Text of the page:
Swivel stacks attuned to variable production picture

Nov. 1, 1997
Computer graphic picture shows how the Banff production unit has changed since its initial concept to a single deck layout bearing the topsides equipment. At the rear there is an aerofoil-shaped mast to keep the vessel trimmed into the prevailing wind and the waves while on station on Banff. the completed vessel was recently launched by the Hyundai shipyard in South Korea, and will shortly sail to the Aker McNulty yard in South Shileds, Uk for topsides installation. [17,8807 bytes] Banff

FPSO component reflects field, environmental factors

Early monohull floating, production, and offloading systems (FPSO) were designed for limited production service in basically mild environments. Today, the backdrop is rougher, typically in the northerly frontiers of Norway, the Atlantic and Newfoundland. Moreover, design has been complicated by the need to maximize capacity of these units by tying in production at a later date from third party fields.

The challenge is not just for front end engineering contractors, but also for the key production component manufacturers. Brown Brothers, based in Edinburgh, Scotland, supplies multi-path swivel stacks which ensure the transfer of high pressure liquids and gases from seabed wells to FPSOs. System requirements vary appreciably. The latest order is for a completely new type of floater, the Ramform for Conoco UK's Banff Field.

Rather than align itself on an exclusive basis with other contractors offering a complete floating production package, Brown Brothers is working independently. This allows it to supply swivel stacks that are compatible with turrets made by the world's 12 turret manufacturers.

The company began developing a high pressure liquid toroidal swivel in 1985, which was subsequently integrated with the John Hastie-designed in-line swivel technology to produce a combination unit. Its first FPSO order was for the Petrojarl I, which was recently revamped for extended service on Arco British's Blenheim Field.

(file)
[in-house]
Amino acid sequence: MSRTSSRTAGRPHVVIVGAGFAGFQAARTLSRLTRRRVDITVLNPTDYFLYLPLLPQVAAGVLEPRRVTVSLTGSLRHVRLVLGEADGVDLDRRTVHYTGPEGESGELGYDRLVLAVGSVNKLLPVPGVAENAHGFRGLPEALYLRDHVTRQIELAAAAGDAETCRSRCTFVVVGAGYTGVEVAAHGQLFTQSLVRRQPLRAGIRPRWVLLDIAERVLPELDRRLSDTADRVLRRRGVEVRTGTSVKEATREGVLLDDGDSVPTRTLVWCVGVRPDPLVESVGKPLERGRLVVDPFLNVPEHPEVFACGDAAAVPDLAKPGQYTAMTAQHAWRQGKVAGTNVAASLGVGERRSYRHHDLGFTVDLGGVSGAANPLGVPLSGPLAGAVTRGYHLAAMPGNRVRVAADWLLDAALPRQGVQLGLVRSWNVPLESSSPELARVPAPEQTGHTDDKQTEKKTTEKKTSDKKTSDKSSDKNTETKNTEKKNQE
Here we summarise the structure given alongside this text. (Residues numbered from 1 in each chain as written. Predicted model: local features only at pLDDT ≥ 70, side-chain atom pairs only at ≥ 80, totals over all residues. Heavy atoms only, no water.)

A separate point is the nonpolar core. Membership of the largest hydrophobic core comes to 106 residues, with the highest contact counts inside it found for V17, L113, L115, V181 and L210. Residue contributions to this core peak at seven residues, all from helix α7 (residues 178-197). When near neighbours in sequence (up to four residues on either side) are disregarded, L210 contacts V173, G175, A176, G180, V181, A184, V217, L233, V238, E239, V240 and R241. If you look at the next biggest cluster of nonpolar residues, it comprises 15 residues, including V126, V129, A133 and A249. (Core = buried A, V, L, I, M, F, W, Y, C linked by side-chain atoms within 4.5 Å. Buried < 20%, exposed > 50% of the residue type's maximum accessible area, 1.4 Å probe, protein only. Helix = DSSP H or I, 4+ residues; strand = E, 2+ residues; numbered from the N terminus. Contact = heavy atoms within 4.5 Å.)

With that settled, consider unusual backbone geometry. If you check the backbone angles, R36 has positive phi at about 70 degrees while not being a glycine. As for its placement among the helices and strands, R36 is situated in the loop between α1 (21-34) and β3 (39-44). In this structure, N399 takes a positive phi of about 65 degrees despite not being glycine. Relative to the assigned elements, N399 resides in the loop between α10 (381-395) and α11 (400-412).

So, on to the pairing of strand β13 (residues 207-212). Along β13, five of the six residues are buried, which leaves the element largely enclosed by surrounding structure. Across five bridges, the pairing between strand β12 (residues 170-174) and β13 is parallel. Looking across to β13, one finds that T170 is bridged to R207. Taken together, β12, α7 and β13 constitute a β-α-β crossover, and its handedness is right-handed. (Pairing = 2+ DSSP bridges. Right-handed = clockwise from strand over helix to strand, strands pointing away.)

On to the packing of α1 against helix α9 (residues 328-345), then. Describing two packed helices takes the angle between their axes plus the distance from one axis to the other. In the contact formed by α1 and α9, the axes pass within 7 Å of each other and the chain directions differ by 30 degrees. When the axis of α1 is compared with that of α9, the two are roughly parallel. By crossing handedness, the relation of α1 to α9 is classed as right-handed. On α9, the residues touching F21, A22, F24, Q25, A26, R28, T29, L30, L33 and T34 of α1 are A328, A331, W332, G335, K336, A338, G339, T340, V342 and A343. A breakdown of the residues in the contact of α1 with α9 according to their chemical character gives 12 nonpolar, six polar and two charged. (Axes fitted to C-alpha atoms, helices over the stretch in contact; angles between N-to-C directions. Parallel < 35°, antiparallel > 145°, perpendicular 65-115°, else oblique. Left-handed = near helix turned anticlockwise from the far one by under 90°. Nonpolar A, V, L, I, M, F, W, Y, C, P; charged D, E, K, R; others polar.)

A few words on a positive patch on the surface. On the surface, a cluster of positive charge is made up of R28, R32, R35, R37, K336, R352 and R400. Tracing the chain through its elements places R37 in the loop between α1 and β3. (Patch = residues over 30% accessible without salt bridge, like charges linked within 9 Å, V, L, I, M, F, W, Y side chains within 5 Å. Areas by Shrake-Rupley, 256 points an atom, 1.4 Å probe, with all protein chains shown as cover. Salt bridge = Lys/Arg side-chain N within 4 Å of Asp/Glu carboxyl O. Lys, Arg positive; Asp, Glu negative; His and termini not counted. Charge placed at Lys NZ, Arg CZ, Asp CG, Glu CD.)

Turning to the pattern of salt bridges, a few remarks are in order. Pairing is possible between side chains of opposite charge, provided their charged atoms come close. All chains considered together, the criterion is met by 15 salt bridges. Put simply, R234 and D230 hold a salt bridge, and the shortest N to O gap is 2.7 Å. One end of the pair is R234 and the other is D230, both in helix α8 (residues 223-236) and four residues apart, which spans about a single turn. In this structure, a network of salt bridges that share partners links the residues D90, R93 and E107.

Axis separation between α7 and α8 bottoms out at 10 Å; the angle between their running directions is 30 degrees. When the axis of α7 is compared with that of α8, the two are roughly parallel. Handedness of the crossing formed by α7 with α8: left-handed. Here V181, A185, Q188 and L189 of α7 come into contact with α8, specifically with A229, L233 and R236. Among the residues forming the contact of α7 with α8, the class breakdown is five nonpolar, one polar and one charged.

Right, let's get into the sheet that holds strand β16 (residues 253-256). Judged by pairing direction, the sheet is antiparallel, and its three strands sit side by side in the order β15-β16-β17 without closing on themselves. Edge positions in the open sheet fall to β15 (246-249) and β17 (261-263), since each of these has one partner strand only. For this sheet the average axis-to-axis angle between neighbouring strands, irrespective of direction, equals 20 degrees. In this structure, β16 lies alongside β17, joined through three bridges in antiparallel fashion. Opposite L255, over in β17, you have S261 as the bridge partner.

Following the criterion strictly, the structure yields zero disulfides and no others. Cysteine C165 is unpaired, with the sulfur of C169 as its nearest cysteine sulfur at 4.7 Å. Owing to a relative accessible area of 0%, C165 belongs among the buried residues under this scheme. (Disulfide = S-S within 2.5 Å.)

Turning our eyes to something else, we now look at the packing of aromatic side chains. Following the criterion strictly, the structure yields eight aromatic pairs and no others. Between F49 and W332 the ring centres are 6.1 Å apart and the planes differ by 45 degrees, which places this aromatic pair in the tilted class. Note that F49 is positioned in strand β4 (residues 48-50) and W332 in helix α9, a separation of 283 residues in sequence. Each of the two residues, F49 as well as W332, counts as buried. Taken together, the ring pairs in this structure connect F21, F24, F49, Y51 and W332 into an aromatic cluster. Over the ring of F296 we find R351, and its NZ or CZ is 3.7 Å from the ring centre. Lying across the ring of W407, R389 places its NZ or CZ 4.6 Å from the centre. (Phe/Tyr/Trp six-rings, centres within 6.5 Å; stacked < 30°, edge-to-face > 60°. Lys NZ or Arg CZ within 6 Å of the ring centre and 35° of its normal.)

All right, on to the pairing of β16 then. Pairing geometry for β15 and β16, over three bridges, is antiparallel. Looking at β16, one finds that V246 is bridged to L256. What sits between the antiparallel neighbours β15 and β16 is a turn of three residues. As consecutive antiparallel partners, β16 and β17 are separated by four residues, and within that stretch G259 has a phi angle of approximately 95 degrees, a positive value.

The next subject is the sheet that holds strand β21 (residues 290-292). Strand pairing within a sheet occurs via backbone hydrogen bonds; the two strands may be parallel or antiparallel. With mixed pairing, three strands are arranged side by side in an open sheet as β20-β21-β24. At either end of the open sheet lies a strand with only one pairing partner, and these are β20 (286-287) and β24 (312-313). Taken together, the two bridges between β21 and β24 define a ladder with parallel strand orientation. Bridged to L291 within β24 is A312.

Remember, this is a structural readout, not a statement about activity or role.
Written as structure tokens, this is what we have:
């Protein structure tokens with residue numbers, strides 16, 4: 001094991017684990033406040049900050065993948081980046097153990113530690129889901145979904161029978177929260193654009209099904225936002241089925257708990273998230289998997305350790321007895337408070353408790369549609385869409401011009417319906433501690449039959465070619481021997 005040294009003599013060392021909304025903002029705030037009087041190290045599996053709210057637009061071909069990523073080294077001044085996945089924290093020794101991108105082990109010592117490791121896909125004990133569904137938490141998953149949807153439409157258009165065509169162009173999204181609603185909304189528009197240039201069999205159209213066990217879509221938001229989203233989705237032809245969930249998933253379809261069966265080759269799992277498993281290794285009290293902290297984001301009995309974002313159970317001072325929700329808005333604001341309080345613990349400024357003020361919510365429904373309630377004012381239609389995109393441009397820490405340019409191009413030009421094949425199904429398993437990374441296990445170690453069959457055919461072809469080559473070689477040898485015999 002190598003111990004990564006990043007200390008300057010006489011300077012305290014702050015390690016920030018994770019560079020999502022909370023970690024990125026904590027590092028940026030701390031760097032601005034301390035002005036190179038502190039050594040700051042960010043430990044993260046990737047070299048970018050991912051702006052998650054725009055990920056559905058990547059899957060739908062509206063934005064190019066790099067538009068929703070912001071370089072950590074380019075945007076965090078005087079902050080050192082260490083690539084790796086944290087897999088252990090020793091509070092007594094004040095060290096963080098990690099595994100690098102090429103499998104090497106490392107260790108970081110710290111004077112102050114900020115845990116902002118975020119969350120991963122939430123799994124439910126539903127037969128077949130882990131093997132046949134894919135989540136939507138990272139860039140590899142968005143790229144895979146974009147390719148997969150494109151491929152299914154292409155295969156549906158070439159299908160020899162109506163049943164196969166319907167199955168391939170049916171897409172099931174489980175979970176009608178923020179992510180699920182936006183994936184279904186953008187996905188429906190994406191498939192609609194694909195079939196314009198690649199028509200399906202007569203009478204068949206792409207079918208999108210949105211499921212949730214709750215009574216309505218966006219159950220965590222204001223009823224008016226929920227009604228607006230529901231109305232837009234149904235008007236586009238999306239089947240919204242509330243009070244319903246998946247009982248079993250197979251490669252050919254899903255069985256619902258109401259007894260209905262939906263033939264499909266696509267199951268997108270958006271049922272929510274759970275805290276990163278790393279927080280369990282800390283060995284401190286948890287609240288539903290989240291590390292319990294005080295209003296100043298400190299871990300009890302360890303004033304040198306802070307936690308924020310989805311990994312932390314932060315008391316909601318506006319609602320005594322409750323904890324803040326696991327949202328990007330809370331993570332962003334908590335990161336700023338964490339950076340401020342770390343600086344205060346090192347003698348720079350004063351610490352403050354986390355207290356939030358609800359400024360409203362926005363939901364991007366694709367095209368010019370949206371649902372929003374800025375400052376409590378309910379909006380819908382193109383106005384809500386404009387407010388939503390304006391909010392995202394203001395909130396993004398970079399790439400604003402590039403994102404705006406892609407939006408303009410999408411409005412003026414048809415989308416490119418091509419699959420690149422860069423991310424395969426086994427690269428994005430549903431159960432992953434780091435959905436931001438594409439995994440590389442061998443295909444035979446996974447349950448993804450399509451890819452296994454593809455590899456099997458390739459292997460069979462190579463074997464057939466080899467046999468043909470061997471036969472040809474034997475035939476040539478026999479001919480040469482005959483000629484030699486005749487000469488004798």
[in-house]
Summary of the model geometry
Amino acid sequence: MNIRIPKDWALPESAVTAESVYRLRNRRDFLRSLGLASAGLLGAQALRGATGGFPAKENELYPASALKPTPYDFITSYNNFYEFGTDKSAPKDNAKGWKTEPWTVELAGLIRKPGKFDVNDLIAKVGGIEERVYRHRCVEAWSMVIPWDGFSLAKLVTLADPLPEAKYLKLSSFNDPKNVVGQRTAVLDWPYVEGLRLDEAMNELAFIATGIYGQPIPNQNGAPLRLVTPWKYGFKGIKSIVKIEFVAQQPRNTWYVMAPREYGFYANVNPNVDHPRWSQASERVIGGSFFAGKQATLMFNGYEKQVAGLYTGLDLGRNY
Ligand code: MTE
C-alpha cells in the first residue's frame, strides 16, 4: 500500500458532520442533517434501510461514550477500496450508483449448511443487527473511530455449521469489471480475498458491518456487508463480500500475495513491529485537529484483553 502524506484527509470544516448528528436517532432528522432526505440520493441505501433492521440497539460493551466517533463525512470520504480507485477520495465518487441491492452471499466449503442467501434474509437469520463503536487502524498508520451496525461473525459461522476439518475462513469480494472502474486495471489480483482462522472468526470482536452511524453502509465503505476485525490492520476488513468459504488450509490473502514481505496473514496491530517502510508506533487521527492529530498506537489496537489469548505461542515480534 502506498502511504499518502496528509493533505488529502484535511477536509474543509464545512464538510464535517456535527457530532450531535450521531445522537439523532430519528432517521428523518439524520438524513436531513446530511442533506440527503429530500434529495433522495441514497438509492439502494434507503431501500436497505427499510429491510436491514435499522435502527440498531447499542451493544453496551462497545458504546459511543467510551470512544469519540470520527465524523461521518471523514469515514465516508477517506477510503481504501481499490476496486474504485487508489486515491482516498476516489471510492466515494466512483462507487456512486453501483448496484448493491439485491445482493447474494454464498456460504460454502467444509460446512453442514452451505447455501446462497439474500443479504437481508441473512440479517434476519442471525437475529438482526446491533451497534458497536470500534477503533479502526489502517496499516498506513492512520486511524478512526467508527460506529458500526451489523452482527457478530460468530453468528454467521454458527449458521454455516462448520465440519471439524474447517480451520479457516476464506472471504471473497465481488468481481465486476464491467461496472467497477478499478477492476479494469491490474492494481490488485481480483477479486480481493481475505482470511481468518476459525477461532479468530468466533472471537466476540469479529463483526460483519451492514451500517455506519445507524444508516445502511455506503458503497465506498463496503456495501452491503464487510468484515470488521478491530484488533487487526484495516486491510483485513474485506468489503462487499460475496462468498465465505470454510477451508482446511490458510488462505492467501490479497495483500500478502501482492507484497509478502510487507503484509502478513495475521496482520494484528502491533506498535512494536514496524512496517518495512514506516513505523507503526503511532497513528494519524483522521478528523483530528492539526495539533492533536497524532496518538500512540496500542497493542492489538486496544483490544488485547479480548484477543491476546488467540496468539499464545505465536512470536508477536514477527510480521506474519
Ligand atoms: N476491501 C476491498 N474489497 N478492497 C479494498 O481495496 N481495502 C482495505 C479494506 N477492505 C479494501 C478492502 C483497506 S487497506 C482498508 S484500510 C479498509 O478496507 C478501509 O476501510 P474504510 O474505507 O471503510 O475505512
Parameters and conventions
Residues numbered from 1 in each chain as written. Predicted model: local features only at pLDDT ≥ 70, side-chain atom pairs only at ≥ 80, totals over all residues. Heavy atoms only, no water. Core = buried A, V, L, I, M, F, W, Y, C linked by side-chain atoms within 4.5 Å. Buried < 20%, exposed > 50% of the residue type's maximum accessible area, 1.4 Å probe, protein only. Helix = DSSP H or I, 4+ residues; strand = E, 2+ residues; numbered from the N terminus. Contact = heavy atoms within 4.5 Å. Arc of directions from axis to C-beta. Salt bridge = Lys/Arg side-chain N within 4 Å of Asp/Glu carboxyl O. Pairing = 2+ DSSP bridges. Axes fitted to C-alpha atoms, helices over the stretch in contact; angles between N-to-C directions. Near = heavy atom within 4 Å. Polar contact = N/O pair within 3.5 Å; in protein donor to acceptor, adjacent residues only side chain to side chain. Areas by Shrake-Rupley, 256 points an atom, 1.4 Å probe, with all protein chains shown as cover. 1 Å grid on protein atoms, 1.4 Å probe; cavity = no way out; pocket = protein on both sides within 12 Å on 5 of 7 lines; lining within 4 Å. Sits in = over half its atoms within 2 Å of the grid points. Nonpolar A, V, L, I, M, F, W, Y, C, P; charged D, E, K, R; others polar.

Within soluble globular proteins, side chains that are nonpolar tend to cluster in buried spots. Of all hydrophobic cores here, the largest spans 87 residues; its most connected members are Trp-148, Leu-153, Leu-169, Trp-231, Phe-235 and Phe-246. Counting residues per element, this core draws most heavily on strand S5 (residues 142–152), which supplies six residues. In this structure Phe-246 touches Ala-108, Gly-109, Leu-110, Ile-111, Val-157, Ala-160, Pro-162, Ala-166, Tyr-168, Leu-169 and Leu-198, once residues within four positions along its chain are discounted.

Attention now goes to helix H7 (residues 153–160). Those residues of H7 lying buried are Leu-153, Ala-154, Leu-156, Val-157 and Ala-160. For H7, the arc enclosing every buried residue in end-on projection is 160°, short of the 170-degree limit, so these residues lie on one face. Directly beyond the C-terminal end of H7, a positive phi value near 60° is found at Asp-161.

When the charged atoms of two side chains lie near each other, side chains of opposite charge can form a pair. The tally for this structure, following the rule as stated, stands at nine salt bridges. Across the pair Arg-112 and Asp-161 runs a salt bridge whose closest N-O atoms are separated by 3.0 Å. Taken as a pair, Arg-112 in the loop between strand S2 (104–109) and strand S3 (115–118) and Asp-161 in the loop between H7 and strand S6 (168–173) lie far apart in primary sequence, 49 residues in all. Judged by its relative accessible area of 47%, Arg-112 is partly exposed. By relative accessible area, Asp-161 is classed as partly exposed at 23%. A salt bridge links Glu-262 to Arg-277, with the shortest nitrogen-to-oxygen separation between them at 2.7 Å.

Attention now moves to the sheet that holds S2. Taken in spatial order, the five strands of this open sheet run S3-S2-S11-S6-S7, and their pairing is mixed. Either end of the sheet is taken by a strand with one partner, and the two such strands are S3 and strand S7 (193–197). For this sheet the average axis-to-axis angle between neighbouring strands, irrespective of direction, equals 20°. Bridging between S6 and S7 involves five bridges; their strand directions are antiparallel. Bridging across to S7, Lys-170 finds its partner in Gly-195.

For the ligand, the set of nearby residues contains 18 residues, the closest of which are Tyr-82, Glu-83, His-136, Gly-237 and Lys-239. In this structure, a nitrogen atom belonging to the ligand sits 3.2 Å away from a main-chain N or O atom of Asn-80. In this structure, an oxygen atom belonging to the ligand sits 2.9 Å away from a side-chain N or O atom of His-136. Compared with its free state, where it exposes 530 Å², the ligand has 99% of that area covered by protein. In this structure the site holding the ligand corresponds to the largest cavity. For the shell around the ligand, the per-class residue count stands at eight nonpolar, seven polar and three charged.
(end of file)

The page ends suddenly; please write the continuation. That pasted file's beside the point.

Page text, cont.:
Brown Brothers in turn were contracted to supply a new multi-path swivel stack, two toroidal swivels and one gas swivel to allow the Petrojarl I to switch to gas lift for oil production. Latter-day North Sea deliveries include Conoco's MacCulloch and BP's Foinaven floaters.

The toroidal swivel can be customized for liquids and gases to meet requirements for varying-sized product lines, flow rates and pressures to be pumped or extracted simultaneously. Path numbers in the swivel are governed by the size and design pressure of each individual pass, limited in turn by the size of the toroidal seal. Electrical power and control line sliprings can be included in the swivel stack, in addition to pneumatic control lines.

Control of the stack - rotation of the inner toroids relative to the outer toroids, as the vessel weathervanes relative to the geostationary flexible risers - can be achieved by an active or passive system, or both, with redundancy built in according to requirements. A typical swivel stack takes 11 months to produce, from procurement to component manufacture, assembly and testing.

A key feature of the swivel stack is its self-alignment capability. "That significantly reduces seal wear," says section leader, product development Magne Hegstad. "If the turret is free-wheeling, rather than locked onto the vessel, a constant movement ensues between the turret and the vessel. With a traditional passive drive, that movement then gets transferred to the swivel stack, so that the dynamic parts of the swivel also move constantly.